Rare indeed is a Sunday night call by this column which yields a mention of primary care trusts and ancient Greek philosopher cum intellectual hard man Plato, virtually in the same breath.

It happened this week, courtesy of Liberal Democrat MP John Pugh. I rang him because he caught my attention mid week. Just after a dull but cruel session of prime minister’s questions (dour Gordon Brown bullied by Dave “Flashman” Cameron) the MP rose to introduce a ten minute rule bill.

These decisions are made by enlightened quangos or trusts, and they are usually a combination of medical experts and appointees who may - or may not - bring relevant expertise

These bills, designed to draw attention to an issue, rarely become law and nowadays are rarely challenged unless they are particularly offensive or absurd. Pugh’s Local Health Service and Democratic Involvement Bill was neither.

In fact it was a slimline variant of official Lib Dem policy, which is to solve the problem of unaccountable primary care trusts by creating elected health boards - unlikely to happen whoever wins on 6 May.

Pugh’s starting point was that of an ex-councillor. Before being elected to succeed his colleague Ronnie Fearn as MP for Southport at the posh end of Merseyside, he was leader of local Sefton council. Both as a councillor and MP you get the chance to decide all sorts of things, he reminded the Commons. But local NHS decisions are not one of them - the “democratic deficit” is evident.

“These decisions are made by enlightened quangos or trusts, and they are usually a combination of medical experts and appointees who may - or may not - bring relevant expertise.” They have been “whisked humbly or smugly” into office by like-minded people, said Pugh.

Here we get to what lies behind the MP’s outrage - and to Plato. In the mid-noughties, Southport and Formby hospital lost services to Ormskirk district general hospital within the trust they share, a familiar process all over Britain.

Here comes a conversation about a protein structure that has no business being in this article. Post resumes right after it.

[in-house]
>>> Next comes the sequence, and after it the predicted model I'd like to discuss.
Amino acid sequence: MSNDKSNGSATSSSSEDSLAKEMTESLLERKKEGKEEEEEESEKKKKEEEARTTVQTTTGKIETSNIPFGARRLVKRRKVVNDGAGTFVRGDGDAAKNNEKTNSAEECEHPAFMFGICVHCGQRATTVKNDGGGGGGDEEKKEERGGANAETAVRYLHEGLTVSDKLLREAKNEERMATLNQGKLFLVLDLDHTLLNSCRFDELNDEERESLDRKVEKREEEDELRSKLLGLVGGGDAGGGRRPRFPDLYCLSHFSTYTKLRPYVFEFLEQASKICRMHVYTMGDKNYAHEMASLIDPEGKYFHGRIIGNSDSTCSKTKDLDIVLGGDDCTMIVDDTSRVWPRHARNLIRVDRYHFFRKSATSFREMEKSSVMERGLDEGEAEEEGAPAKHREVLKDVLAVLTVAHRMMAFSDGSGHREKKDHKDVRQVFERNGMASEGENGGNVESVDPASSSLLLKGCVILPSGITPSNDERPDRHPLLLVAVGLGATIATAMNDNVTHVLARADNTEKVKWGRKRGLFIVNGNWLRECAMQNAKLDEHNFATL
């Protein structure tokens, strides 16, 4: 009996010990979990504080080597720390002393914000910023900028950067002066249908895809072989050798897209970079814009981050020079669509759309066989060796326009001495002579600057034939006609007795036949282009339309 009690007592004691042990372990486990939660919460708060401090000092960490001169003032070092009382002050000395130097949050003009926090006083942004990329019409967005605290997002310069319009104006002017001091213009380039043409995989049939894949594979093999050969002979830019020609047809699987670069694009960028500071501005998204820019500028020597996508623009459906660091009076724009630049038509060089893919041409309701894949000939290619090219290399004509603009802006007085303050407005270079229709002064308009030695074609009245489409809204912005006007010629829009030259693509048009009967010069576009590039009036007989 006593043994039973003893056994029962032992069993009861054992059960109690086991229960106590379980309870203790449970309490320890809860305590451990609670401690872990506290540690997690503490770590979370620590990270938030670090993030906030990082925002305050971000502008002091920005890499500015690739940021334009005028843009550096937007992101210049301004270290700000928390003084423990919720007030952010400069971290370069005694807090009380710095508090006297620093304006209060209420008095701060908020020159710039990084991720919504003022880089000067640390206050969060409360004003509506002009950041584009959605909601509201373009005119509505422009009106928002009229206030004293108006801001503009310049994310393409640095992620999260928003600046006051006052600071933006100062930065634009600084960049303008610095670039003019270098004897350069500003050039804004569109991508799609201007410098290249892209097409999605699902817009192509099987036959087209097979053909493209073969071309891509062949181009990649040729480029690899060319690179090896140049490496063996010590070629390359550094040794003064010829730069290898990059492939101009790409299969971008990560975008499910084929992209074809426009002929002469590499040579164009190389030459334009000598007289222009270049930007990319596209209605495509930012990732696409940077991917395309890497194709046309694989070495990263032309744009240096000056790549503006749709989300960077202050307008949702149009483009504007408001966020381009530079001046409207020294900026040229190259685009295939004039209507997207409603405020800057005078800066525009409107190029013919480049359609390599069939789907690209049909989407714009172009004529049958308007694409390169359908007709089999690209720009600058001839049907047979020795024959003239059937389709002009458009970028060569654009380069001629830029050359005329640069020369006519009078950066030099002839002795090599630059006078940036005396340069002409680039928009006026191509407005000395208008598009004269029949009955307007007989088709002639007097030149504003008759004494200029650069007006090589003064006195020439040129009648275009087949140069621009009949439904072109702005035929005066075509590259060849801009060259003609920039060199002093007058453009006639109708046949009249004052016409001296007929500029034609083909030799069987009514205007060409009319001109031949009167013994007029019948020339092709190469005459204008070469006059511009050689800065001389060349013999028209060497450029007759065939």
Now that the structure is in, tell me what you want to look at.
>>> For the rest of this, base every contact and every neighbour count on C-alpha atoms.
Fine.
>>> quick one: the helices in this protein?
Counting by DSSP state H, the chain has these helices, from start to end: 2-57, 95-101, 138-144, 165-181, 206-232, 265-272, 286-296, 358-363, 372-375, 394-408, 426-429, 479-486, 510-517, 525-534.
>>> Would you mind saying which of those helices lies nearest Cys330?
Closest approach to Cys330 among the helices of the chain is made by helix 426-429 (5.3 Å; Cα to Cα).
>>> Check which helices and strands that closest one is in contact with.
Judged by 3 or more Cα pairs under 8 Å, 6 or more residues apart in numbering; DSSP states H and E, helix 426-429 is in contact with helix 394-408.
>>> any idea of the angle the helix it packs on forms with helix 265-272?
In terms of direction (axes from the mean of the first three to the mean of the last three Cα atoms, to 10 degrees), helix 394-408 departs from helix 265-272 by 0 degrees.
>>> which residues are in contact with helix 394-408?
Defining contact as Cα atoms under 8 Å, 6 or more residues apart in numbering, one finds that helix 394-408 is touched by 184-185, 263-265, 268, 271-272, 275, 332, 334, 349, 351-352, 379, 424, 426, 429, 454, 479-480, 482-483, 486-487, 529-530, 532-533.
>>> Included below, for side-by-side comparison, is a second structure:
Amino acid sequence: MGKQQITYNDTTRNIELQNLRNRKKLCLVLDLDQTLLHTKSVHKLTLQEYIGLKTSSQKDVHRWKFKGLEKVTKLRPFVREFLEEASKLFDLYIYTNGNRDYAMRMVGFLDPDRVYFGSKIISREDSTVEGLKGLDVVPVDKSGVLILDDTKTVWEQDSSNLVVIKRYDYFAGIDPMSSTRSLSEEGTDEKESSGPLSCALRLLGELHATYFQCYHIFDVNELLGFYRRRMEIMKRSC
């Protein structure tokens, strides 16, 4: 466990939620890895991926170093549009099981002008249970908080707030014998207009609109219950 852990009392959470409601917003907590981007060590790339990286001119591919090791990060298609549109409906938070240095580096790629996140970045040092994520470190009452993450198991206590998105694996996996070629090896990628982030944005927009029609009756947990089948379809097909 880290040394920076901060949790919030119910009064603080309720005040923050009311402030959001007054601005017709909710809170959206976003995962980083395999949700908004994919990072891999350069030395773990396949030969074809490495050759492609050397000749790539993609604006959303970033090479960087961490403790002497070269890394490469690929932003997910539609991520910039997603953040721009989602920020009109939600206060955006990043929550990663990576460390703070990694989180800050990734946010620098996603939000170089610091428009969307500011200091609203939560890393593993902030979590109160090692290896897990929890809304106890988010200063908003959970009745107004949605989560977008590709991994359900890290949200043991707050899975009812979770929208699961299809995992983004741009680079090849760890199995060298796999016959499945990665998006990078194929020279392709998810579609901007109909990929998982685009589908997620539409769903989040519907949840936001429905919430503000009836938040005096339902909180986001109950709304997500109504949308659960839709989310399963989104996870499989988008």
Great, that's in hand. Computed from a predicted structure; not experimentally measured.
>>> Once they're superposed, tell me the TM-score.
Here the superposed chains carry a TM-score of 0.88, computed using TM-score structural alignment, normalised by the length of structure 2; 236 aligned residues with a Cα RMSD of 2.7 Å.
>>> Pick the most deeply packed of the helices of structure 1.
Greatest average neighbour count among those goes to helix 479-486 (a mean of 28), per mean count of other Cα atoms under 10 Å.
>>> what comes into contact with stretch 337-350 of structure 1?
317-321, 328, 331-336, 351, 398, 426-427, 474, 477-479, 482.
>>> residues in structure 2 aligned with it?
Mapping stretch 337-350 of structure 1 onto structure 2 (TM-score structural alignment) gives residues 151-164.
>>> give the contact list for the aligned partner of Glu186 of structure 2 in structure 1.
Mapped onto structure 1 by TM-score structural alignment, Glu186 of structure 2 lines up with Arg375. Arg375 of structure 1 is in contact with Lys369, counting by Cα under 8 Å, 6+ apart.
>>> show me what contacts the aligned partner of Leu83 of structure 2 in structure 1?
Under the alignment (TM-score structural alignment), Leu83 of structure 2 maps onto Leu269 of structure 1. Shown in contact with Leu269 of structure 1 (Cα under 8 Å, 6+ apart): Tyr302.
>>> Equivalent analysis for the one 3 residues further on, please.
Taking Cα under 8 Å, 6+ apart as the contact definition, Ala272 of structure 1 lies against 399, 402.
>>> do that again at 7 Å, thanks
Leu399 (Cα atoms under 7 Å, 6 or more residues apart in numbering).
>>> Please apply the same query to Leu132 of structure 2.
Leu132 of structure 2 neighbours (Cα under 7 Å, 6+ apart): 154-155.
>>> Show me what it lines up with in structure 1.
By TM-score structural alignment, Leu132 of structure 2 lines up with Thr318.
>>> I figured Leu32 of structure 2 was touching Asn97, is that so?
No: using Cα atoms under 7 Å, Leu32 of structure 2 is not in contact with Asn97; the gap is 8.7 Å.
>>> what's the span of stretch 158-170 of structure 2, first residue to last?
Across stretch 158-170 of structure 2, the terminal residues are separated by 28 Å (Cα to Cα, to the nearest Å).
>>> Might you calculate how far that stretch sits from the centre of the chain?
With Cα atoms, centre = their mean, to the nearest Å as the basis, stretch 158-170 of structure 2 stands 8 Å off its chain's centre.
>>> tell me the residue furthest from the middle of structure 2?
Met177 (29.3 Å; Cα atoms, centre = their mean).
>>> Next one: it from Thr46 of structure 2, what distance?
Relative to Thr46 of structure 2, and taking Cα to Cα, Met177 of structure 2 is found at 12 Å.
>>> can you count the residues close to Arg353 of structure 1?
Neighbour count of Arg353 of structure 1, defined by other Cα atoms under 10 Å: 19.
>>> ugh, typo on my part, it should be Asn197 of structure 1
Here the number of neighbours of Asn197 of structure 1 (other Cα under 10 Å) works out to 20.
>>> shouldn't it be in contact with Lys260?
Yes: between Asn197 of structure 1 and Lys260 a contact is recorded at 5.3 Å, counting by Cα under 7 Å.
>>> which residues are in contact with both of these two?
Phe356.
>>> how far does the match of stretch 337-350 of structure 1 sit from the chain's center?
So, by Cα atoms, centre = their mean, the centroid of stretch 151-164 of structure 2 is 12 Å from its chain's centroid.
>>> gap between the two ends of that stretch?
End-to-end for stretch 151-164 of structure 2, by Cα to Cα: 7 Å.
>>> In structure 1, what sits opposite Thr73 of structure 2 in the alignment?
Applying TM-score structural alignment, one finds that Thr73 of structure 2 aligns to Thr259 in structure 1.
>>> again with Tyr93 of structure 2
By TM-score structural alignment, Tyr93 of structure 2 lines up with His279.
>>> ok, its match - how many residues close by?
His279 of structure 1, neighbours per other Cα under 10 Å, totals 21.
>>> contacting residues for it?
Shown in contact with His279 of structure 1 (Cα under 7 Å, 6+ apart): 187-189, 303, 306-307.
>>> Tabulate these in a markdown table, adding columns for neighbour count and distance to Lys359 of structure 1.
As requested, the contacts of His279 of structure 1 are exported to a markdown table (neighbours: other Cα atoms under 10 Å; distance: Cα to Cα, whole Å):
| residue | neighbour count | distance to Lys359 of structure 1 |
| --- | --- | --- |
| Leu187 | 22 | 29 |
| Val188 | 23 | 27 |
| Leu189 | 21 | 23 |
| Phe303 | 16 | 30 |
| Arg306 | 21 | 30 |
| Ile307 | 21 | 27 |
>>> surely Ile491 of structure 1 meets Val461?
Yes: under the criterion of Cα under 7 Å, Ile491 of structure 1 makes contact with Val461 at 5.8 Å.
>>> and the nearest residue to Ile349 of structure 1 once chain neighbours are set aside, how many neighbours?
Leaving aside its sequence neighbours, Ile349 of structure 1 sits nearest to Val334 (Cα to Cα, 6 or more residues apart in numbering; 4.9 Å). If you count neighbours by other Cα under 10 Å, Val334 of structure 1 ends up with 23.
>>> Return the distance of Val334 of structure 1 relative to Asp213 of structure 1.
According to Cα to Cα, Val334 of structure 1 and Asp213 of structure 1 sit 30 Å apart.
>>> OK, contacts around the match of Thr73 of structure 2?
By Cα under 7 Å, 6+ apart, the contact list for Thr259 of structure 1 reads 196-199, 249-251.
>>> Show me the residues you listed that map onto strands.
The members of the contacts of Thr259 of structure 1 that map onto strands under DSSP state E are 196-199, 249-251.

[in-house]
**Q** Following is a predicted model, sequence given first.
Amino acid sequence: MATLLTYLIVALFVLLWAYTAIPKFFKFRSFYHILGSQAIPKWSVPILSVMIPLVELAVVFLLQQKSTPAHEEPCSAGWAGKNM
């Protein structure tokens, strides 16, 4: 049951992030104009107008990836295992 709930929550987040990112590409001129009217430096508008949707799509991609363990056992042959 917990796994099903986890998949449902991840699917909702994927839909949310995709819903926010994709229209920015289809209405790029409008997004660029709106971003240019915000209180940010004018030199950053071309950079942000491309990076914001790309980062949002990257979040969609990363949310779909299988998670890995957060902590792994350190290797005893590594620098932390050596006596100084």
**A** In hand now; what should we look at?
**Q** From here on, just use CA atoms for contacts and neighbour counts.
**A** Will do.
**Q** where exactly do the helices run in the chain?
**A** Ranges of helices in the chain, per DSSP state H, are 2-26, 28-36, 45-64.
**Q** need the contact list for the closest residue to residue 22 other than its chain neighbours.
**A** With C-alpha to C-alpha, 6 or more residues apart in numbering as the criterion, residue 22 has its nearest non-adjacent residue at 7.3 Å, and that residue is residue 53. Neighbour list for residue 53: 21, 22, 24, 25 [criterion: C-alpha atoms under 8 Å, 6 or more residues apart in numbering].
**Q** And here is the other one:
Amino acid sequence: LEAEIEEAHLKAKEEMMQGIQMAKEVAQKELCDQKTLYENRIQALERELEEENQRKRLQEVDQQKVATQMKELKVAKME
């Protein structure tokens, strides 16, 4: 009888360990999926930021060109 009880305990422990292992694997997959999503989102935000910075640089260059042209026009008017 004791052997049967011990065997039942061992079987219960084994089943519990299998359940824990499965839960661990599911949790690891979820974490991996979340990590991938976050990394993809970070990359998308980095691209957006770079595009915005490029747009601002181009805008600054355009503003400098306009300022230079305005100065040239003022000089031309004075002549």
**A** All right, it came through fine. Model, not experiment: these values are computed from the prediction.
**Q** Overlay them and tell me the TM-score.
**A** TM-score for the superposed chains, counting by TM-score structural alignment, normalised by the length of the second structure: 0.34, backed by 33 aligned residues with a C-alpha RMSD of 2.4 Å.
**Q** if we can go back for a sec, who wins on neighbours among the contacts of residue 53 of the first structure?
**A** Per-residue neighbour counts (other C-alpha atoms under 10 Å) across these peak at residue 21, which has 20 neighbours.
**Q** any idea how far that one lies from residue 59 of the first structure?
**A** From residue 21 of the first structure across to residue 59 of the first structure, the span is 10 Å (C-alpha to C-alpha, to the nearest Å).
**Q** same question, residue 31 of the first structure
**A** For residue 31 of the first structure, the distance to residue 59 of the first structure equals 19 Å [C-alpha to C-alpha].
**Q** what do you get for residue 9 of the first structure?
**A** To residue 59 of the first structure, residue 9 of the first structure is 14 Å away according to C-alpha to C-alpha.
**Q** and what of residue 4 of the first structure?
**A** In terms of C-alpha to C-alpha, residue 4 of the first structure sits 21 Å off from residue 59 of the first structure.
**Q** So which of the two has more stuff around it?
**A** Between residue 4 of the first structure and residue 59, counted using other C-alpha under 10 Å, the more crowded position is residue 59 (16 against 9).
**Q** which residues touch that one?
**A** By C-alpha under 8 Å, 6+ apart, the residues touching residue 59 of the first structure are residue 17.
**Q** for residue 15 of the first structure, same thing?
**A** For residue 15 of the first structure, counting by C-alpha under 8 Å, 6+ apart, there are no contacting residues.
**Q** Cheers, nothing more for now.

What struck Pugh was that no amount of petition and protest could save children’s accident and emergency. Successive governments and NHS managers “work on the mistaken assumption that the general public are too stupid to notice they are powerless”. Sops like community health councils and the patients advice and liaison service or local involvement networks are powerless, too.

“It all goes back to Plato’s attack on democracy, the fundamental issue that people do not know what they are doing and will opt for popular but unworkable solutions,” explains Pugh - a philosopher by trade.

As such, ex-councillor Pugh realises that “if public opinion was asked if they want the NHS run by local authorities I know their answer” (ie, “no, thanks”). As for successive well meaning Commons bills he has worked on, “ministers will offer people consultation; the one thing they never give them is power”.

So what his little bill proposes is a modest trip wire to make PCTs more responsive.

Councils are not perfect, but - unlike trust and primary care trust chairs - they usually stick around to take the consequences of bad traffic or planning decisions. Unlike bad PCT decisions they rarely kill anyone.

Pugh’s bill would seek to bridge the current position and the ideal Lib Dem solution by requiring PCTs to lay their annual plans before the health scrutiny committee of the local council “for approval, agreement and amendment… a kind of democratic lock on the local NHS”.

There would be rows and the health secretary might have to arbitrate. All healthy stuff, says Pugh.

He has a point. By coincidence I noticed that during health question time his Lancashire colleague Paul Rowan was moaning about shortsighted closure of maternity units in Rochdale and Bury.